But I do not think he is Fidel Castro.

Mercer writes:

I think you are overreacting.

Go read some history of the 1960s. Civil rights activists being murdered in the south. Hundreds of cities having riots - some of which last for days. Bombs being set off by antiwar protesters. How can anyone think it is worse today?

Some people today think it is a gross violation of their liberty to have to buy health insurance. Back then people were forced to fight in war zone by the government and blacks were denied the right to vote in the south.

collin writes:

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Yancey Ward writes:

I think the internet makes it easier to actually notice the extreme partisans, not that they have actually increased in numbers or vehemence in recent times.

Emily writes:

What kind of odds would you take on this?

Steve Sailer writes:

That's typically how it happens in Third World Countries lately with elections leading to conflict, but, overall, the trend line regarding war is down, down, down.

Consider the Mexican presidential elections in 1988 and 2006. Most outside observers believe the Left had the 1988 election blatantly stolen from them, and the Left candidate in 2006 staged demonstrations for months claiming the election was stolen from him. Neither election dispute led to much violence in Mexico.

So, if major election disputes in Mexico don't lead to violence, how likely would that be to happen in the U.S.?

The general global trend, as Steven Pinker has argued, is away from violence. (I have suggested different causes than he emphasizes, but the trend line is pretty clear.)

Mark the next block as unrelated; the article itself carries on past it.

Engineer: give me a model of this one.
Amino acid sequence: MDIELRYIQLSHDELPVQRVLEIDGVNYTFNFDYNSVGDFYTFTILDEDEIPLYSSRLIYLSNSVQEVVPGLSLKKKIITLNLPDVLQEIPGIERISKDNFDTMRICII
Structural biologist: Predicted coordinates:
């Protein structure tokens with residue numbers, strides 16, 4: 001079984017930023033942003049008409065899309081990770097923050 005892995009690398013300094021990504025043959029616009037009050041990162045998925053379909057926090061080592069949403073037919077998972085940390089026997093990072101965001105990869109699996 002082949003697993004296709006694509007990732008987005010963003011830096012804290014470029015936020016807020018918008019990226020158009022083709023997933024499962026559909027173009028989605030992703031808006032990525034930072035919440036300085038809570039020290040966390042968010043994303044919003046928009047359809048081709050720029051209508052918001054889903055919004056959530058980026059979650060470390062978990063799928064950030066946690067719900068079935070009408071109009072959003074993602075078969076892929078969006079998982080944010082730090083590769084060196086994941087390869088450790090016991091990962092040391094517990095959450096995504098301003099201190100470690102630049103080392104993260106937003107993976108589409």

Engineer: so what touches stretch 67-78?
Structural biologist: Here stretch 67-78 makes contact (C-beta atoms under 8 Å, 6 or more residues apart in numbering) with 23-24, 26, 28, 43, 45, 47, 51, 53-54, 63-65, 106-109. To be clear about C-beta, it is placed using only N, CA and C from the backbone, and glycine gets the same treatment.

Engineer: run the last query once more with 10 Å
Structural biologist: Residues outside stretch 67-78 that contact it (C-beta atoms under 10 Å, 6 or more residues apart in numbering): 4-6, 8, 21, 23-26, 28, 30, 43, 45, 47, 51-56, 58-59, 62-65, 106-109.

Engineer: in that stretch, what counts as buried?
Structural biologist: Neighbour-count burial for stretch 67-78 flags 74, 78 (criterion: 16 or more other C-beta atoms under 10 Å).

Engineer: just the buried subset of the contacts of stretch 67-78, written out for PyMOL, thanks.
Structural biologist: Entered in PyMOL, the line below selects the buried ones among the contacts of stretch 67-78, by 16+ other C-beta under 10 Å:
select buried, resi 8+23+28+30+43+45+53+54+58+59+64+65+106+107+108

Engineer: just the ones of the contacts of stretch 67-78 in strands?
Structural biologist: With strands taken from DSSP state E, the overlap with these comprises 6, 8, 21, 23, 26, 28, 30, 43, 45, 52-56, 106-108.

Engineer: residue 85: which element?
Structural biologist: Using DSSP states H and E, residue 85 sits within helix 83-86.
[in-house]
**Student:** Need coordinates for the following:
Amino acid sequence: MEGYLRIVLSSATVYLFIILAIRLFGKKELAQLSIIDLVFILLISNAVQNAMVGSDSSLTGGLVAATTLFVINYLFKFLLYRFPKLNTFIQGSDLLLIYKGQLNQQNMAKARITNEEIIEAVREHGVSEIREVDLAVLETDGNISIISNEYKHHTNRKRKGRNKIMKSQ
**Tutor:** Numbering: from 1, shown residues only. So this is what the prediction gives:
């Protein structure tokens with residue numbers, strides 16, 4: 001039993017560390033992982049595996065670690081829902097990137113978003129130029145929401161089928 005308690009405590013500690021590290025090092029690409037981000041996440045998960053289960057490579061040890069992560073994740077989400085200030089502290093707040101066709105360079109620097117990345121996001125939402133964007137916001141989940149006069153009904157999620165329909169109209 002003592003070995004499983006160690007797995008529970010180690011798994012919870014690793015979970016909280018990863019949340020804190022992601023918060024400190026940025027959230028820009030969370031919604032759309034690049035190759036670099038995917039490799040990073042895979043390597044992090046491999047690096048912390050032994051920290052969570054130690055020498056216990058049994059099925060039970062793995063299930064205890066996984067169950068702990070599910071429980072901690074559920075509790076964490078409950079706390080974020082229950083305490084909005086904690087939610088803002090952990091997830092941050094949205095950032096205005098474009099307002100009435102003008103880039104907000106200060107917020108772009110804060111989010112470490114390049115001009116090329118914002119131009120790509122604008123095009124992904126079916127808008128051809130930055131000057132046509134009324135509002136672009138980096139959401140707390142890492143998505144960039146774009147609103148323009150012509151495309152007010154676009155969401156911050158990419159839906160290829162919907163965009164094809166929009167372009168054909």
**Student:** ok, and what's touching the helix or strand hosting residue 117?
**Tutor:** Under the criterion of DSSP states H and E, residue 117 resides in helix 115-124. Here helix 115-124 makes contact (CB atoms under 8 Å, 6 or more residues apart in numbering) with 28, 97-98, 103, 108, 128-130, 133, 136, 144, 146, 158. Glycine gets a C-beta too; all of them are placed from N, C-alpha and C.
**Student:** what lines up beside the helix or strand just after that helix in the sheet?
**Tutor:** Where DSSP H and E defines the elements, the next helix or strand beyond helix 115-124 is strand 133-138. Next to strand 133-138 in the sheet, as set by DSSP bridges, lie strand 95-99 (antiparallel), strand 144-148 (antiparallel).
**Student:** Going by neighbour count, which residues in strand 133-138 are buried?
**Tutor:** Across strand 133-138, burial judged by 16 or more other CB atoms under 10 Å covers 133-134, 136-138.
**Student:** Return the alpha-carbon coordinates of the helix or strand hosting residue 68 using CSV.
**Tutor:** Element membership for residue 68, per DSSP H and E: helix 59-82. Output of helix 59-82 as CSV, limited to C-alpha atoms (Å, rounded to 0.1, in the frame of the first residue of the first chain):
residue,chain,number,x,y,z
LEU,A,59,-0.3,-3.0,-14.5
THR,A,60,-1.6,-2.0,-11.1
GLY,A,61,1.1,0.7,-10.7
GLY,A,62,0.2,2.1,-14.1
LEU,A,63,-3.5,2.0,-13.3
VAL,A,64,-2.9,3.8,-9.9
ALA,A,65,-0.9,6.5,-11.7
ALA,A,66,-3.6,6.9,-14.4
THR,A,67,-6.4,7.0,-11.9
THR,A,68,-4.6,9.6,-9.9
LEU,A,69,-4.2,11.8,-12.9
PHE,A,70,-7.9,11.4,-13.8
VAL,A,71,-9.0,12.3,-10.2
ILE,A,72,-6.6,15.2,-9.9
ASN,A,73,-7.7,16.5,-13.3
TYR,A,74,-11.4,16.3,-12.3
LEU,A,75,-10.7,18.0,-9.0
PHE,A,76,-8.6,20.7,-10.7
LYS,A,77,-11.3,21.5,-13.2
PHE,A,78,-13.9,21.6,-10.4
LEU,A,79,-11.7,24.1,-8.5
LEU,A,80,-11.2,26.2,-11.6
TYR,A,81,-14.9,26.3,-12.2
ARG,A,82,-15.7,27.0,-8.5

Joe Cushing writes:

It's not the scenario I would imagine but I think it is telling when the idea of civil war is being considered by a people from several angles. Libertarians who ware fed up are worried that a civil war may be unnecessary to protect us from the overreach of government. The federal government is militarizing the local police and stationing troops at home for missions at home. Now respected, Ph.D. economists are speculating on the chances.

It's not my favorite choice but it's also possible there could be an executive/military or a military by itself Coup d'état.

My pick for most likely is that we are already approaching a dictatorship and that freedom loving people will revolt. Maybe the revolt will be triggered by a dollar crash or maybe the government will massacre protesters. In any case the trigger will be caused by government failure or government violence and the freedom fighters will have the last shot. It doesn't mean we will be free when it is over. Most revolutions result in dictatorship or pretend democracy.

MingoV writes:
This year's pre-election hatefest is already out of control, in my opinion. It will not end well.
The hatefest predominantly belongs to the left wing. It will end if Obama gets reelected. It will exacerbate if Obama loses, and it will make what happened after Gore lost to Bush seem like a happyfest.

If Obama loses, I predict court challenges in every state where Obama lost by a small percentage of votes. I also predict that the left wingers and the mass media will shriek if Romney challenges the results in any states where he lost by a small percentage, despite the fact that for decades Democrats have cheated far more than Republicans. An Obama loss also will trigger civil disobedience, but I don't believe it will come close to civil war. (That would require action by Obama himself. He might wish for a civil war, but I doubt he has the wherewithal to lead it.)

John Fast writes:

A civil war?